Training room

Training room

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The first week of the course will be taught by members of the Institut Pasteur in Paris and Montevideo and the National Scientific Computational Lab in Brazil. This will provide an introduction into genomics, covering how and where to obtain genome data, sequence assembly and a basic introduction to sequence annotation.

The second week of the course will build on this knowledge and will be taught by members of the Wellcome Trust Sanger Institute Pathogen Sequencing Unit, focusing on pathogens of the two types of cells: prokaryotic cells and eukaryotic cells. It will also provide a firm grounding in the use of the genome analysis software (Artemis and ACT) developed by the Unit. Artemis allows the user to analyse sequence data generated in-house as well as being able to upload and re-analyse data taken from databases. ACT allows direct, and interactive, comparisons of multiple genomes/sequences, enabling the user to exploit the growing number of genomes from closely related organisms to look at genome architecture and evolution.

In addition to training researchers from all over South America at the course, the Wellcome Trust will be donating high-power computers, essential for analysing the genomes, to the Institut de Higiene, Uruguay, to set up a permanent training room. Sanger Institute instructors will return there in December to hold a workshop on analysing the human genome.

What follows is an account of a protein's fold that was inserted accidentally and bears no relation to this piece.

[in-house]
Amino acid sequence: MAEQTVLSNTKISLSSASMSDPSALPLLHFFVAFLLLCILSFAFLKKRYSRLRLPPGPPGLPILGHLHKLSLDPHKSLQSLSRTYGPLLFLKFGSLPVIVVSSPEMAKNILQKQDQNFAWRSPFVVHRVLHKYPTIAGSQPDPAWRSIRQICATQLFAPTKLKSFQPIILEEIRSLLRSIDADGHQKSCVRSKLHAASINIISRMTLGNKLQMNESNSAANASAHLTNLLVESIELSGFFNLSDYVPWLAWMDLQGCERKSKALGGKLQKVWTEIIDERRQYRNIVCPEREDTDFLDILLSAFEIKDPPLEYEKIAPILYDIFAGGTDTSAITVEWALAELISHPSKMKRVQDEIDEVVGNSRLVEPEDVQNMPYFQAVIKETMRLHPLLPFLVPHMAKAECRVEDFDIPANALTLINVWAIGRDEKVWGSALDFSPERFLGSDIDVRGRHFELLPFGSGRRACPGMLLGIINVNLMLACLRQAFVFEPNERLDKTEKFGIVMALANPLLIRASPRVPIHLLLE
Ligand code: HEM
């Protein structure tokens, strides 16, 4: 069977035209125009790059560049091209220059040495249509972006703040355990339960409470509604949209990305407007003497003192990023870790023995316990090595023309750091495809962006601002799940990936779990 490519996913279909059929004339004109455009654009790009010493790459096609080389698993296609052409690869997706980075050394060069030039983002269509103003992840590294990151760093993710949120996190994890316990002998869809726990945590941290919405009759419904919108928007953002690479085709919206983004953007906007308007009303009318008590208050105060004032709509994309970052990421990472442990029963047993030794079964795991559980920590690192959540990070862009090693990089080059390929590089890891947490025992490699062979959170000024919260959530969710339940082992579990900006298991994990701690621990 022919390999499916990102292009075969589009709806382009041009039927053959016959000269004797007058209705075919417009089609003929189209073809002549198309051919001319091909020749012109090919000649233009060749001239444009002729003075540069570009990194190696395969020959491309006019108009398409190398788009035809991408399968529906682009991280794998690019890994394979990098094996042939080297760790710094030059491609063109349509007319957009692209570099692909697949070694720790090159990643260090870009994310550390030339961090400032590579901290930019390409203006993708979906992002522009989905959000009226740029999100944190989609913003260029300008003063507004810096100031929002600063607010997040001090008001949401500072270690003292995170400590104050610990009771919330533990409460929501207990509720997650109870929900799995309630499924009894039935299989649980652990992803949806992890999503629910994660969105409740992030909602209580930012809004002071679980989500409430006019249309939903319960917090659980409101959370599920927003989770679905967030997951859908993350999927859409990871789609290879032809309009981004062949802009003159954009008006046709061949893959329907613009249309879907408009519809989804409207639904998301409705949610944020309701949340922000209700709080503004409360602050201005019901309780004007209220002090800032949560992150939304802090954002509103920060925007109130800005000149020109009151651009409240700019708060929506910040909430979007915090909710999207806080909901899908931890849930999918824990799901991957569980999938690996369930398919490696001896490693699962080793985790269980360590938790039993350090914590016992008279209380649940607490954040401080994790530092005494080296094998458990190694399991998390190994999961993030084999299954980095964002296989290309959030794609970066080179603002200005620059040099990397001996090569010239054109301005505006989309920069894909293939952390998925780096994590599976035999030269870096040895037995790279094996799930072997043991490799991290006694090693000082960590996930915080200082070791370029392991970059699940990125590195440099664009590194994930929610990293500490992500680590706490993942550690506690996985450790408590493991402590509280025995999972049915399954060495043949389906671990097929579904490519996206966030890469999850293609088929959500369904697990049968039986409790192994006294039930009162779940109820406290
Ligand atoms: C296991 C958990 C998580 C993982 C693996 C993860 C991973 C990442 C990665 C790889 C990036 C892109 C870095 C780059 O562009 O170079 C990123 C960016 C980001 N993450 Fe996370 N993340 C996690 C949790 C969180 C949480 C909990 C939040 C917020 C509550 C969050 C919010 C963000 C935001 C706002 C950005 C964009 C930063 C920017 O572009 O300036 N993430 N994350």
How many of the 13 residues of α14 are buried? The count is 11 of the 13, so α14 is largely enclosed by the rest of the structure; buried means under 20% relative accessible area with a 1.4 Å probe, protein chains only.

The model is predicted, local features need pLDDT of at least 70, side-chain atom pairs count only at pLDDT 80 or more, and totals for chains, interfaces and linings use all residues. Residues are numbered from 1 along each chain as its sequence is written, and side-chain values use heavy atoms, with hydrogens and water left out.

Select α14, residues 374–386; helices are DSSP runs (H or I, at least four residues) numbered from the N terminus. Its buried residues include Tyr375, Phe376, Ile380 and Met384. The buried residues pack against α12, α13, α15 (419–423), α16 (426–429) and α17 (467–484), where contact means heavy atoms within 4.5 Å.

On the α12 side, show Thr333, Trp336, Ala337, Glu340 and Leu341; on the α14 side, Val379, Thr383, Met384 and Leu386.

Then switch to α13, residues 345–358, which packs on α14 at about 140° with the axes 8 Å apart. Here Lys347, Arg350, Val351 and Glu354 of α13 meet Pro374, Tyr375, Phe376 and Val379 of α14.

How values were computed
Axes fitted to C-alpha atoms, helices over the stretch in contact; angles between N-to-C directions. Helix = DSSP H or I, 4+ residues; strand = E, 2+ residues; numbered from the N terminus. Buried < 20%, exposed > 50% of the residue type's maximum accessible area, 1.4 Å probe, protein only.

Following the workshops in Uruguay, the Wellcome Trust plans further workshops and laboratory-based courses in other developing countries, where it has Major Overseas Programmes studying malaria and other important diseases of the tropics. These include Kenya, Thailand, Malawi and Vietnam.

The Wellcome Trust Sanger Institute

The Wellcome Trust Sanger Institute, which receives the majority of its funding from the Wellcome Trust, was founded in 1992. The Institute is responsible for the completion of the sequence of approximately one-third of the human genome as well as genomes of model organisms and more than 90 pathogen genomes. In October 2006, new funding was awarded by the Wellcome Trust to exploit the wealth of genome data now available to answer important questions about health and disease.

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The Wellcome Trust and Its Founder

The Wellcome Trust is the most diverse biomedical research charity in the world, spending about £450 million every year both in the UK and internationally to support and promote research that will improve the health of humans and animals. The Trust was established under the will of Sir Henry Wellcome, and is funded from a private endowment, which is managed with long-term stability and growth in mind.

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Sanger Institute Contact Information:

Don Powell Press Officer
Wellcome Trust Sanger Institute Hinxton, Cambs, CB10 1SA, UK

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Email press.office@sanger.ac.uk